IEEE Electrification Magazine - December 2015 - 52
IEEE Electrification Magazine - December 2015 - 53
IEEE Electrification Magazine - December 2015 - 54
IEEE Electrification Magazine - December 2015 - 55
IEEE Electrification Magazine - December 2015 - 56
IEEE Electrification Magazine - December 2015 - 57
IEEE Electrification Magazine - December 2015 - 58
IEEE Electrification Magazine - December 2015 - 59
IEEE Electrification Magazine - December 2015 - 60
IEEE Electrification Magazine - December 2015 - 61
IEEE Electrification Magazine - December 2015 - 62
IEEE Electrification Magazine - December 2015 - 63
IEEE Electrification Magazine - December 2015 - 64
IEEE Electrification Magazine - December 2015 - Cover3
IEEE Electrification Magazine - December 2015 - Cover4
http://www.nxtbook.com/nxtbooks/pes/electrification_december2019
http://www.nxtbook.com/nxtbooks/pes/electrification_september2019
http://www.nxtbook.com/nxtbooks/pes/electrification_june2019
http://www.nxtbook.com/nxtbooks/pes/electrification_march2019
http://www.nxtbook.com/nxtbooks/pes/electrification_december2018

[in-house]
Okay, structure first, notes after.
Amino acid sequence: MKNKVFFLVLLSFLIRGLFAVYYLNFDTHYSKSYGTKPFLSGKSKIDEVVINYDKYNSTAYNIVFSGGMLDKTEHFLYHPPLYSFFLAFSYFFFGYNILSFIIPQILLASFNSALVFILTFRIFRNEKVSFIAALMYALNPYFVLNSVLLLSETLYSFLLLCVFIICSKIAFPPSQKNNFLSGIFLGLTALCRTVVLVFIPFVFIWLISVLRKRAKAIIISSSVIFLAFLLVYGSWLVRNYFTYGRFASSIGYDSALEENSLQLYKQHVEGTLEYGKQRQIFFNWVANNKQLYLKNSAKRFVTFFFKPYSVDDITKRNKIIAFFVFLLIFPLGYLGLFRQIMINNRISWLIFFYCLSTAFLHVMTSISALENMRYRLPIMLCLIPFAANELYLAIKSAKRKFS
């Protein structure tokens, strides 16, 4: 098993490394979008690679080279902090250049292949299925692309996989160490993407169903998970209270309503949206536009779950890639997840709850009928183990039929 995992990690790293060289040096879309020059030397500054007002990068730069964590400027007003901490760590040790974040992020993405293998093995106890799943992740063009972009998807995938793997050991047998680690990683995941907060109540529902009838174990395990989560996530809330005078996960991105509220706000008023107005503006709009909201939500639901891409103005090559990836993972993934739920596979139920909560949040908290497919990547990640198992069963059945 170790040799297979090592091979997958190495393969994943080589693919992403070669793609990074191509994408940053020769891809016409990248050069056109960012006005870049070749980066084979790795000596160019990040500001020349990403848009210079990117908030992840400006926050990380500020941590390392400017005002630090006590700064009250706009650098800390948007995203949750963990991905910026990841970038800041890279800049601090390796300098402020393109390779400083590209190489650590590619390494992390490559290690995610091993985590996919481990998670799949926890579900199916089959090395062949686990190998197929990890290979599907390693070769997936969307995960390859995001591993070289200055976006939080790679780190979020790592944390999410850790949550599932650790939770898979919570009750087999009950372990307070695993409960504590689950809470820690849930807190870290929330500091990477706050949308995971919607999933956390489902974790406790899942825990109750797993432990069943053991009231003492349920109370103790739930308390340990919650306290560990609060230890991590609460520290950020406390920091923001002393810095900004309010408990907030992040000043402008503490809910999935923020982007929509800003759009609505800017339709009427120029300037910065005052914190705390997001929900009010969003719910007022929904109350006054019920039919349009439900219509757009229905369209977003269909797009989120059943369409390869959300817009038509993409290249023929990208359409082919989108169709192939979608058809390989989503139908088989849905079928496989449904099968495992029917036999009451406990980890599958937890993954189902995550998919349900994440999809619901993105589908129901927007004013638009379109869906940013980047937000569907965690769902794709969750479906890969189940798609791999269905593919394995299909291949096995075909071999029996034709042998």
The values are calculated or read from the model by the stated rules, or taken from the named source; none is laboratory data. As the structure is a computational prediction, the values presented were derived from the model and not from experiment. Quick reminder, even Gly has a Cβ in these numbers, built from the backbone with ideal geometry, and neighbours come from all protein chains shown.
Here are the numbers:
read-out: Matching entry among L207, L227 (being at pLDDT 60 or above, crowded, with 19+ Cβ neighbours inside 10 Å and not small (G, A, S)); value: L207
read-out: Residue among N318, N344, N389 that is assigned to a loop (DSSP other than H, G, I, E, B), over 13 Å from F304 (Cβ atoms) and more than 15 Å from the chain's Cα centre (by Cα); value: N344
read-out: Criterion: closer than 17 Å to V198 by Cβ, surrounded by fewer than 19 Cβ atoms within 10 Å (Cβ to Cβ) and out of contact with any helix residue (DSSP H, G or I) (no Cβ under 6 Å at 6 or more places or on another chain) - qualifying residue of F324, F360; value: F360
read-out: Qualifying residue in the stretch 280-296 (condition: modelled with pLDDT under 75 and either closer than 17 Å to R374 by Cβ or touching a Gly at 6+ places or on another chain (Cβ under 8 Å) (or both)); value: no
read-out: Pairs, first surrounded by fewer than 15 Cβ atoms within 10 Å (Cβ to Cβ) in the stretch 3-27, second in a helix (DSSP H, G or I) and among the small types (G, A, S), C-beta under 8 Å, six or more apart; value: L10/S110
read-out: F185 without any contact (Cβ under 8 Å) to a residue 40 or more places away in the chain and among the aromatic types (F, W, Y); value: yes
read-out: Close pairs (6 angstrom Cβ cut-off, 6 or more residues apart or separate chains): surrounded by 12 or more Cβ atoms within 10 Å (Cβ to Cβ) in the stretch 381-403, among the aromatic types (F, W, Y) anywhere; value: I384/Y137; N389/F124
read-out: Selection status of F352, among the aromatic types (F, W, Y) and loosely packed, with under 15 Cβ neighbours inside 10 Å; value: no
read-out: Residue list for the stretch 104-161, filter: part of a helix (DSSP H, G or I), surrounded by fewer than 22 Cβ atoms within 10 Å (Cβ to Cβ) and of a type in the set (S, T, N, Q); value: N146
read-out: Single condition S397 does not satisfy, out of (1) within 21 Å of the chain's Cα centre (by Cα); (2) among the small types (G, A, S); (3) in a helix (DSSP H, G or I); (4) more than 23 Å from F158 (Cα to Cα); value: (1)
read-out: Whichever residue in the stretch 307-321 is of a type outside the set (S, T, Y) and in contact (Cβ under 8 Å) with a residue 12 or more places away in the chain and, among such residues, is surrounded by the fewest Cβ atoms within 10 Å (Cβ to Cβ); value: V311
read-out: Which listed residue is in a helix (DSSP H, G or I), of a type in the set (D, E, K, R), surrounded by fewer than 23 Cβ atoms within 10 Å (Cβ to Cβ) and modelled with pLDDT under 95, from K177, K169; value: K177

http://www.nxtbook.com/nxtbooks/pes/electrification_september2018
http://www.nxtbook.com/nxtbooks/pes/electrification_june2018
http://www.nxtbook.com/nxtbooks/pes/electrification_december2017
http://www.nxtbook.com/nxtbooks/pes/electrification_september2017
http://www.nxtbook.com/nxtbooks/pes/electrification_march2018
http://www.nxtbook.com/nxtbooks/pes/electrification_june2017
http://www.nxtbook.com/nxtbooks/pes/electrification_march2017
http://www.nxtbook.com/nxtbooks/pes/electrification_june2016
http://www.nxtbook.com/nxtbooks/pes/electrification_december2016
http://www.nxtbook.com/nxtbooks/pes/electrification_september2016
http://www.nxtbook.com/nxtbooks/pes/electrification_december2015
http://www.nxtbook.com/nxtbooks/pes/electrification_march2016
http://www.nxtbook.com/nxtbooks/pes/electrification_march2015
http://www.nxtbook.com/nxtbooks/pes/electrification_june2015
http://www.nxtbook.com/nxtbooks/pes/electrification_september2015
http://www.nxtbook.com/nxtbooks/pes/electrification_march2014
http://www.nxtbook.com/nxtbooks/pes/electrification_june2014
http://www.nxtbook.com/nxtbooks/pes/electrification_september2014
http://www.nxtbook.com/nxtbooks/pes/electrification_december2014
http://www.nxtbook.com/nxtbooks/pes/electrification_december2013
http://www.nxtbook.com/nxtbooks/pes/electrification_september2013
http://www.nxtbookMEDIA.com